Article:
- Should couple sell Auckland rental now or keep it until retirement?
- How to contribute something other than 3,4 or 8% to KiwiSaver
- What happens when a KiwiSaver turns 65
- ‘Good news’ letter a reminder to the young
- Auckland too pricey? Try Dunedin
- Update on KiwiSaver HomeStart grants
QWe live in the Bay of Plenty and have a little rental in Auckland. We are in our mid 40s.
We are now trying to decide if we should sell the rental, which will pay a good chunk of our own mortgage, and become freehold sooner, or hold it until we retire then sell to fund our retirement.
What would be the better option?
AIt’s not obvious. So let’s weigh up the risks and returns of each option.
We’ll look first at keeping the rental until you retire.
If the Auckland housing market grows fast over the next 20 or so years, you’ll be glad you kept it. And the growth wouldn’t have to be continuous. You have enough time for the market to fall and rise again, perhaps more than once.
But while it would be surprising if property values don’t grow at all over such a long time, they might not grow much. Sure Auckland’s population is expected to keep rising. But population growth may already be reflected in house prices — plus who knows how much bubble? And Auckland’s housing shortage must surely be solved within 20 years.
So your return — including rent minus expenses over the years — will probably be positive, and it might be high, but it might not.
What about the other scenario: selling the rental and paying down your mortgage?
The immediate return is known. Getting out of paying interest improves your wealth in the same way as earning interest. So if your mortgage interest rate is 6 per cent, no longer having to pay that is the equivalent of earning 6 per cent on an investment — after all fees and tax. It’s a great risk-free return.
But wait, there’s more. Once you’ve fully paid off your mortgage, what will you do with the money that used to go into mortgage payments?
I would suggest putting it into KiwiSaver. If you have more than ten years before you plan to spend the money in retirement, you could invest in a higher risk fund, which will probably bring in higher long-term returns. Then, as you approach retirement, you can move the money you expect to spend within ten years into a lower risk fund.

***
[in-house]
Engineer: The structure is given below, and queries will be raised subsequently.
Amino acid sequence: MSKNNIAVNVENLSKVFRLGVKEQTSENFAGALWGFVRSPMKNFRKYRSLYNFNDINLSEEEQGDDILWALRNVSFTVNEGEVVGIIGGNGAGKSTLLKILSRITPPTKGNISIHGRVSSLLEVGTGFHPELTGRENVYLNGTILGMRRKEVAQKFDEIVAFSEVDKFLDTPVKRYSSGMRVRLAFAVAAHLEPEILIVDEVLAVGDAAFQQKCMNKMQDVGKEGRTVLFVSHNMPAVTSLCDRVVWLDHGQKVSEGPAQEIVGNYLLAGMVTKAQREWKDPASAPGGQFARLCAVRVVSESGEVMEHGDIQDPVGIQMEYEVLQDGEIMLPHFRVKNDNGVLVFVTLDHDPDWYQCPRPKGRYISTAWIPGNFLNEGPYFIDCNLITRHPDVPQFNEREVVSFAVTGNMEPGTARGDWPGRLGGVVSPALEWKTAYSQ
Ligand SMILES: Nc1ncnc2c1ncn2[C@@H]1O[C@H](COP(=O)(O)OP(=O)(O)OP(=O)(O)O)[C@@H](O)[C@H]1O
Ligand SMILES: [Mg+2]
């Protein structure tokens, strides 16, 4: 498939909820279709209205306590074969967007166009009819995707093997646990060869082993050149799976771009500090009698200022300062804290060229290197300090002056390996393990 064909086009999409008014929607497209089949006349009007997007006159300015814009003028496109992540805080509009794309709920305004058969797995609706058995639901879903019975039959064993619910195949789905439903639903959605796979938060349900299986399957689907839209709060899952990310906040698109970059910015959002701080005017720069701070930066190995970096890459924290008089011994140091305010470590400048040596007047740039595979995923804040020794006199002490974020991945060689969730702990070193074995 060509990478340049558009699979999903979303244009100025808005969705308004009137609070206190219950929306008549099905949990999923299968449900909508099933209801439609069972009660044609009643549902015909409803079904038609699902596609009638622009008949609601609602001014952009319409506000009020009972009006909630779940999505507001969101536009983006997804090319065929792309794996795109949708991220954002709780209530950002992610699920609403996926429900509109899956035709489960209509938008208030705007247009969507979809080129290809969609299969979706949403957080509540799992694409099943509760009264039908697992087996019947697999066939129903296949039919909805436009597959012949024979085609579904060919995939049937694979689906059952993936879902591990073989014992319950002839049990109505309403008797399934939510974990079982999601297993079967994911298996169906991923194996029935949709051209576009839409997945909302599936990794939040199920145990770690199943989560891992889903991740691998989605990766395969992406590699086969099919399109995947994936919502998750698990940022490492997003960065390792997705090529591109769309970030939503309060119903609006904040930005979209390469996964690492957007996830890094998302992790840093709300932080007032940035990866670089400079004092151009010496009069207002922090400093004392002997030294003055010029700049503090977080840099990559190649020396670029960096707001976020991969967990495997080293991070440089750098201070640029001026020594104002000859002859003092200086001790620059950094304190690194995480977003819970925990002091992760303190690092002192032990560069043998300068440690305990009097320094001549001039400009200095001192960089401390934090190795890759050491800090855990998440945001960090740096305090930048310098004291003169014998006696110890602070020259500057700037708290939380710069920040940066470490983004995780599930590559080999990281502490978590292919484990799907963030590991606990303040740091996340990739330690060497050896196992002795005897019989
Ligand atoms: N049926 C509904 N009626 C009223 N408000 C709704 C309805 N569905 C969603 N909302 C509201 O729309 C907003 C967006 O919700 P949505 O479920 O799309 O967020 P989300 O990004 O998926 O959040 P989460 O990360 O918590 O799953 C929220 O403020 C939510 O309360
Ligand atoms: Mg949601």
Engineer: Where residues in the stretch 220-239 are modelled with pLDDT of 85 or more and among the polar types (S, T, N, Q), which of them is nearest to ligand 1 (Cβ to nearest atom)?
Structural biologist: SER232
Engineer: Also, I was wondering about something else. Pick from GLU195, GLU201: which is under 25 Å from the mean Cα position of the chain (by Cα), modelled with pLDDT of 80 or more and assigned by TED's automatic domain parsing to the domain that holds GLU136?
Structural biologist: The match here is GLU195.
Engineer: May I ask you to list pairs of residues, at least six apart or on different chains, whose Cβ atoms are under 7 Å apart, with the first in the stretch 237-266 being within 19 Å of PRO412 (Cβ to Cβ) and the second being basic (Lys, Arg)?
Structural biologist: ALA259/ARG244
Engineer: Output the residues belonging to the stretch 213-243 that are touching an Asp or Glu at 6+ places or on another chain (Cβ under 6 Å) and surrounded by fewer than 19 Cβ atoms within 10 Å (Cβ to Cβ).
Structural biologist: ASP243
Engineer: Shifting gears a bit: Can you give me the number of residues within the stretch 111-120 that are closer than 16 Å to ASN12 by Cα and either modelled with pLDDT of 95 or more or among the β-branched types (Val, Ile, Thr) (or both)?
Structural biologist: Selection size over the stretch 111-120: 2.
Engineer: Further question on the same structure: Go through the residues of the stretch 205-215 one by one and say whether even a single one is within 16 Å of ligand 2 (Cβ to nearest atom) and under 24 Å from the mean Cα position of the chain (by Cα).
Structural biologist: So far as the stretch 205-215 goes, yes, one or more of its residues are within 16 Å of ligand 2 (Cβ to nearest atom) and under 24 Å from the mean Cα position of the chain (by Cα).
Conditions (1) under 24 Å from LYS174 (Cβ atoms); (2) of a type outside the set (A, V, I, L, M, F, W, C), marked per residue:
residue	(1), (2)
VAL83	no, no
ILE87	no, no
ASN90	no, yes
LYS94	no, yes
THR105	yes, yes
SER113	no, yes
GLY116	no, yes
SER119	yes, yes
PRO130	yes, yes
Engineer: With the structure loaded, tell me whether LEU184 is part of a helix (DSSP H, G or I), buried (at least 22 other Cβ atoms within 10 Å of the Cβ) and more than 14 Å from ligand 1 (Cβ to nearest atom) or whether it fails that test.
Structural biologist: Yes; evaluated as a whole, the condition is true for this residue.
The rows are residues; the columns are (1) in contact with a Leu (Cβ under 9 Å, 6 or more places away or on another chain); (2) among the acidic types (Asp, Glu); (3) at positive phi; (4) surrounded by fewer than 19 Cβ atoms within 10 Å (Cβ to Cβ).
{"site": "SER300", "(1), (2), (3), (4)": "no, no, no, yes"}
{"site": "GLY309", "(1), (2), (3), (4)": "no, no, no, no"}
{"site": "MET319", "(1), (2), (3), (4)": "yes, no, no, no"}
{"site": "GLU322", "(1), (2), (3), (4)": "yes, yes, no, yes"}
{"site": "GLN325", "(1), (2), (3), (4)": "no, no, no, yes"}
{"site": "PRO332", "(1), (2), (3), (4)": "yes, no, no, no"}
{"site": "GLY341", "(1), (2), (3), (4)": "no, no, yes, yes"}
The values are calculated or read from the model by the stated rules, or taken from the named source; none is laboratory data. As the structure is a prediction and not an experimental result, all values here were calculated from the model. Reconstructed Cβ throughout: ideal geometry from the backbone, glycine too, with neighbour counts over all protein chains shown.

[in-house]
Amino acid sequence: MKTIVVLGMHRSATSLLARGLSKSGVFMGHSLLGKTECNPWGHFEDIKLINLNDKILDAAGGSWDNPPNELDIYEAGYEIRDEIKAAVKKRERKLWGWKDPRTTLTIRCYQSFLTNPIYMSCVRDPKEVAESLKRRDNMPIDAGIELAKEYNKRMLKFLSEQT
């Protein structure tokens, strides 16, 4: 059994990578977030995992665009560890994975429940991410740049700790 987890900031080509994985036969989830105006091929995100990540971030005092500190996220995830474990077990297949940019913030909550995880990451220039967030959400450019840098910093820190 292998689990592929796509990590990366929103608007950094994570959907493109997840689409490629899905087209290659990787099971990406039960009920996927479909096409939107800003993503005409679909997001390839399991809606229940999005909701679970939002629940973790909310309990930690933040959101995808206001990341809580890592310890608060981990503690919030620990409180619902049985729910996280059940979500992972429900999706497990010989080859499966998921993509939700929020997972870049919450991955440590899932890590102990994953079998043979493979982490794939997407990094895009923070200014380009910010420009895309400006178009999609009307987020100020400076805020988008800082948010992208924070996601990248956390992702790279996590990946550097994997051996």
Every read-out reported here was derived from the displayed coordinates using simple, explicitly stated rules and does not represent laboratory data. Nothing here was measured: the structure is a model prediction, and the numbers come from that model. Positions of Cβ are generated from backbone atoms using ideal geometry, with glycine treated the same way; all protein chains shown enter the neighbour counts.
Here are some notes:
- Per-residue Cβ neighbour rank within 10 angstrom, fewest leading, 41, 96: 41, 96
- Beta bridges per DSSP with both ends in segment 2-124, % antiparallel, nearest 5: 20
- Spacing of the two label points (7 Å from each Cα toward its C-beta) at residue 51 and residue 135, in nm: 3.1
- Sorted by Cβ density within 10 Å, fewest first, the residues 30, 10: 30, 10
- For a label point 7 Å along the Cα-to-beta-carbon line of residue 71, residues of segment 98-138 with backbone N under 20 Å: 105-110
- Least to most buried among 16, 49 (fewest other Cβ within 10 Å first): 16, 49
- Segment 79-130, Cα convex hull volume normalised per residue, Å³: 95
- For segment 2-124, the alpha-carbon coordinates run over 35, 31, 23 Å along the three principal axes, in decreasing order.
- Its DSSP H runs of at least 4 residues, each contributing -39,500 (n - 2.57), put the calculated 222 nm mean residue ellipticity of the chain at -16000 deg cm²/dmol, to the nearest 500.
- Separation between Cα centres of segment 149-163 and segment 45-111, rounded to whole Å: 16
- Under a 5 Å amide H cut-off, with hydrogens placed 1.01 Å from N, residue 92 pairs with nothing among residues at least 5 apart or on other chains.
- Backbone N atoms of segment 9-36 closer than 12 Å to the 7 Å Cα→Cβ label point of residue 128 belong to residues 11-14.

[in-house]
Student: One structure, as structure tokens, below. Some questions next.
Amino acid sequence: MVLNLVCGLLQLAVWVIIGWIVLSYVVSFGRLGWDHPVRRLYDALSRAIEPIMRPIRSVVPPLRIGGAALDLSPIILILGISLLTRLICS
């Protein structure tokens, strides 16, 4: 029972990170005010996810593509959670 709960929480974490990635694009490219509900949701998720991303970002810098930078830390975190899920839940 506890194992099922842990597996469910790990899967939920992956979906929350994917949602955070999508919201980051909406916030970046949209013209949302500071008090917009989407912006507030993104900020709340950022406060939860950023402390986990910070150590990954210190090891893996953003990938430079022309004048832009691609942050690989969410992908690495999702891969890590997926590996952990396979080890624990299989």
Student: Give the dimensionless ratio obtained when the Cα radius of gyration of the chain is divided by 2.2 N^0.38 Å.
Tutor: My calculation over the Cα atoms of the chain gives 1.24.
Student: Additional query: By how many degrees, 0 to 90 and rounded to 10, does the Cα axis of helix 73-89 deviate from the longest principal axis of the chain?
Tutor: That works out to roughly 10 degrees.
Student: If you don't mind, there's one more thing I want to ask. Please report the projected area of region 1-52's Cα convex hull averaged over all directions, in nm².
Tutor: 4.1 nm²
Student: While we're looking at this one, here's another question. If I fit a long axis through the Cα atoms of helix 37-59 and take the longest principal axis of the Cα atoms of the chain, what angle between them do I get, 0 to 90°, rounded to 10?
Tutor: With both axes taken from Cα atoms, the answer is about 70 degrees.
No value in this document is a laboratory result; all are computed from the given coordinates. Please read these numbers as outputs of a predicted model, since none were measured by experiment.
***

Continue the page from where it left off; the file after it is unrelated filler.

The big question is: will you end up at retirement with more in the first or second option? Nobody knows.
One clear advantage of the second option is that you can dial down the risk over the years. You can’t do that with a property. There’s no way of knowing now whether the property market will be roaring or collapsing when it’s time to sell.
Largely because of that, I’d go for selling the rental now. Even if Auckland house prices continue to rise fast for a while yet, you’ve already made great gains in the last few years — assuming you’ve owned the property for a while. Now is certainly not a terrible time to sell.
Also, there can be considerable hassles with tenants, maintenance and so on, especially given that you live out of town. By contrast, KiwiSaver is low-maintenance.
But please don’t come crying to me if it turns out that you’d have been better off keeping the property. That might happen.
By the way, if you decide to sell and pay down the mortgage, and the mortgage is fixed, you may face early repayment penalties. Check with your lender. If there are penalties it might be better to delay selling the rental until the end of the fixed term, or to hold the proceeds in term deposits until then.
QSorry to bug you. I’ve tried to find the answer to my question elsewhere but to no avail.
I want to know the reason why I can’t set my KiwiSaver contribution to 5 per cent of my pay? Why have they restricted it to 3, 4 or 8 per cent?